We’re All in This Together
Many of our recent games we’ve purchased are deck builders, so it seems like we’ve been playing these types of games more frequently. One issue I often have with deck builders is that they can be a little redundant. It often feels like I’m doing the same thing so it can get boring after awhile.
With Aeon’s End, the co-op element mixed with some unique game mechanics makes the game a little more unique than your standard deck builder. There are cooperative deck builders out there, but this one adds in a different player turn order with randomly drawn cards. Although it’s not a unique method, it is one of the first times I’ve seen it used successfully in a deck builder.
Aeon’s End does something unique with these elements, which does hold my interest, but, ultimately, it is still a deck builder. My main issue with deck builders is that you often feel like every turn is the same. You draw your cards, attack, and buy a new card. So it gets repetitive and I get bored. However, as I said before, the different elements this game adds like the charges, player turn order, and not having to shuffle your deck does make it a bit more interesting.
And there are a few more decisions that need to be made during your turn. Do we attack the main boss or risk going after a smaller minion? There were a few times where we made the wrong call and ended up losing because the nemesis turn occurred sooner than we were hoping for.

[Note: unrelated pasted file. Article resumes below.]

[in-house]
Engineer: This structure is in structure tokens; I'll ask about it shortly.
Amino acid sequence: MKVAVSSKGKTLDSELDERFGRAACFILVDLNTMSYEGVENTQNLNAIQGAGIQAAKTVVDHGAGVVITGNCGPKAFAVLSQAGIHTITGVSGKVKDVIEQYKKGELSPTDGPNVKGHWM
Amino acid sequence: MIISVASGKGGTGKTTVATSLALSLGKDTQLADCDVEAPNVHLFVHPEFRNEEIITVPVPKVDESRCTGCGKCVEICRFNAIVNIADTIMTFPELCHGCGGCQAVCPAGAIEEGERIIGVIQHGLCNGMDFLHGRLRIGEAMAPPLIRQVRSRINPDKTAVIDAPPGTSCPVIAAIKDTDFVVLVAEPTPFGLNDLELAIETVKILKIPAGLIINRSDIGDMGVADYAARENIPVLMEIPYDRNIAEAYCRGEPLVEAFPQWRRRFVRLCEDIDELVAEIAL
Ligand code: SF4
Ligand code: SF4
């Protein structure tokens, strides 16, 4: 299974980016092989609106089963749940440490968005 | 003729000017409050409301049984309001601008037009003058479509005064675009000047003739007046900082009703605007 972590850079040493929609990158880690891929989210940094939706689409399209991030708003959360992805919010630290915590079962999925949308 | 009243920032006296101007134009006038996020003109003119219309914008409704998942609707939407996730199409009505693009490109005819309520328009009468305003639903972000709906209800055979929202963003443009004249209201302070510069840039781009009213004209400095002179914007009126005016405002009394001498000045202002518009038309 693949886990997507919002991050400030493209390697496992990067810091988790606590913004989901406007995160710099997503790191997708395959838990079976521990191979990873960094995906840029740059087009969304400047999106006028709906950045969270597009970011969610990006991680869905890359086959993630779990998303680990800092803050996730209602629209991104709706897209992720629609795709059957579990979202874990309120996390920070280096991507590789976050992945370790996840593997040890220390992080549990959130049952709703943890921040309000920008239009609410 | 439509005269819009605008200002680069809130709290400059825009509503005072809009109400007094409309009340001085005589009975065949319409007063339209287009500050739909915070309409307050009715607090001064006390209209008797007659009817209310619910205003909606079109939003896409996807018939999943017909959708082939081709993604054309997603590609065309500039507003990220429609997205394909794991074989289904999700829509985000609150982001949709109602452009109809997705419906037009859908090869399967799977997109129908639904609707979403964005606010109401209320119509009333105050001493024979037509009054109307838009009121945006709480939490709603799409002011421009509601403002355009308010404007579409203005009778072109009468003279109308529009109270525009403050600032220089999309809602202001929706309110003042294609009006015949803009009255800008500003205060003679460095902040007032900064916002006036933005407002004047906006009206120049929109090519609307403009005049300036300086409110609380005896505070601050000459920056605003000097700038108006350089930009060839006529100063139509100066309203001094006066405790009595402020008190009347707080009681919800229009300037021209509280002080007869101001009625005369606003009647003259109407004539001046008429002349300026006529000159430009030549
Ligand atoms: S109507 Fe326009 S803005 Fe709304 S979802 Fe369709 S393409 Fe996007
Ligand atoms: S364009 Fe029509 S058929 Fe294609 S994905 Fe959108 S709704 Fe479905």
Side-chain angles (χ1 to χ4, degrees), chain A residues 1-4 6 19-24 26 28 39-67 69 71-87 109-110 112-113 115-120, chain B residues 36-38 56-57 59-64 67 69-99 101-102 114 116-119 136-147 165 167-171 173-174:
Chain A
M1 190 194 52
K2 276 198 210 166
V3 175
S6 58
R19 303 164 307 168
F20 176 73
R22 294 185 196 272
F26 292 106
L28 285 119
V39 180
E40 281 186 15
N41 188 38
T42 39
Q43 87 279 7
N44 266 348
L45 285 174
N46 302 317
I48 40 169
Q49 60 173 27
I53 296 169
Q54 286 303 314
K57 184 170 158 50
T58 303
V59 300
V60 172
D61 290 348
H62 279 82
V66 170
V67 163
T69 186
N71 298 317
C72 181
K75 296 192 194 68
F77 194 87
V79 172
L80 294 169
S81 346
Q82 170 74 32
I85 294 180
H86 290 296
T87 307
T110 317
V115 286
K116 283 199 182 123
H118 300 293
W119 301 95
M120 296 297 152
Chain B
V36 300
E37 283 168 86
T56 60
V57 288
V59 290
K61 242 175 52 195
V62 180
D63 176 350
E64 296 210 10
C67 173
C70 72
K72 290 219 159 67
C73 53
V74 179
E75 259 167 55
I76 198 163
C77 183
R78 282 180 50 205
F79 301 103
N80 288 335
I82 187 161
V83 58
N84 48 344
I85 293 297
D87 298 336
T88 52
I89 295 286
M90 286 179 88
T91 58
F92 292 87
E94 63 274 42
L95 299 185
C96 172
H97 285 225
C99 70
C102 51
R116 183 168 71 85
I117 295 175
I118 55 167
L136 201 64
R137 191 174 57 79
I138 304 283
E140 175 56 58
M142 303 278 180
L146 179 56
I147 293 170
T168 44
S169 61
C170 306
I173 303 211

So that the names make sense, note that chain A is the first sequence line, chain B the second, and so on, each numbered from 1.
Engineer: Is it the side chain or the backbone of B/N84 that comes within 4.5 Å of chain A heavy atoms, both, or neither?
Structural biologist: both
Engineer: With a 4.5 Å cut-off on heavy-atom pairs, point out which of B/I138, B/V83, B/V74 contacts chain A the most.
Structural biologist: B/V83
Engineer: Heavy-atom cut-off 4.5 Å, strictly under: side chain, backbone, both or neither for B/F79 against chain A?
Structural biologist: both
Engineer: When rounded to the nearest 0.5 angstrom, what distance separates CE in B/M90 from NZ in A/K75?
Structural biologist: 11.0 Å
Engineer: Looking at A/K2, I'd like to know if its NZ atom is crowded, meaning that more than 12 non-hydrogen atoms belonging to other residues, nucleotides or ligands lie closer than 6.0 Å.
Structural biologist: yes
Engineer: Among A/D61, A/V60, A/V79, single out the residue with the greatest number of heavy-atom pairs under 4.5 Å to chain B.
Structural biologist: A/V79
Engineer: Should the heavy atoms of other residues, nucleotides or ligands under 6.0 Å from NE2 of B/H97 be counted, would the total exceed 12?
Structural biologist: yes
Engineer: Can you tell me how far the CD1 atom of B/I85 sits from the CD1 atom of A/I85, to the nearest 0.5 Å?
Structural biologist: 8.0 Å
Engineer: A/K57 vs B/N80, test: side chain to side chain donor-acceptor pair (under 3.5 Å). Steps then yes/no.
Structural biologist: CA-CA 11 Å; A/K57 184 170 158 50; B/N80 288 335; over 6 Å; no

My last thought on this is about the theme – I know it’s there, but I don’t think it is as strong as I’d like. It feels as if some elements of the game are not as integrated into the theme as they could be.
The health of Gravehold was not something I kept at the forefront of my mind. During many of our games, it felt like Gravehold was completely defenseless without us. It would have been nice if Gravehold was integrated more into the game. It doesn’t seem like it has much stake in the game, except when you get really close to zero.
And though I think the artwork is pretty nice and does add to the theme, I think that Aeon’s End has some poor components. The cards feel thin and I wish the breaches were made out of cardboard instead of cardstock.
Ultimately, I did like this game. It was fun and it had some unique elements that made it interesting. However, this game has made me realize that maybe deck builders just aren’t my type of game. I like them, yes, but they aren’t my first choice of game. I like games with a bit more direction, and where I feel like every turn/action is important. With other games, it doesn’t feel like I’m doing the same thing over and over, but with deck builders, I do feel that way.
-Unique experience with each nemesis
-High replayability with the huge variety of gems, relics, and spell cards
-Turn order deck creates a good amount of suspense
-Not needing to shuffle your deck lets you setup good combos
-Interesting decisions to make on your turn
-New challenge scenarios being created by the designer
-Some components could use some upgrades
-Randomizing the supply could lead to some one-sided games
-Setup time could be kind of long, but that’s common with most deck builders
– You don’t feel very invested in protecting Gravehold (feels like it doesn’t add anything)
He gives this game out of 8.5 Breach Mages out of 10.
She gives this game 7 Breaches out of 10.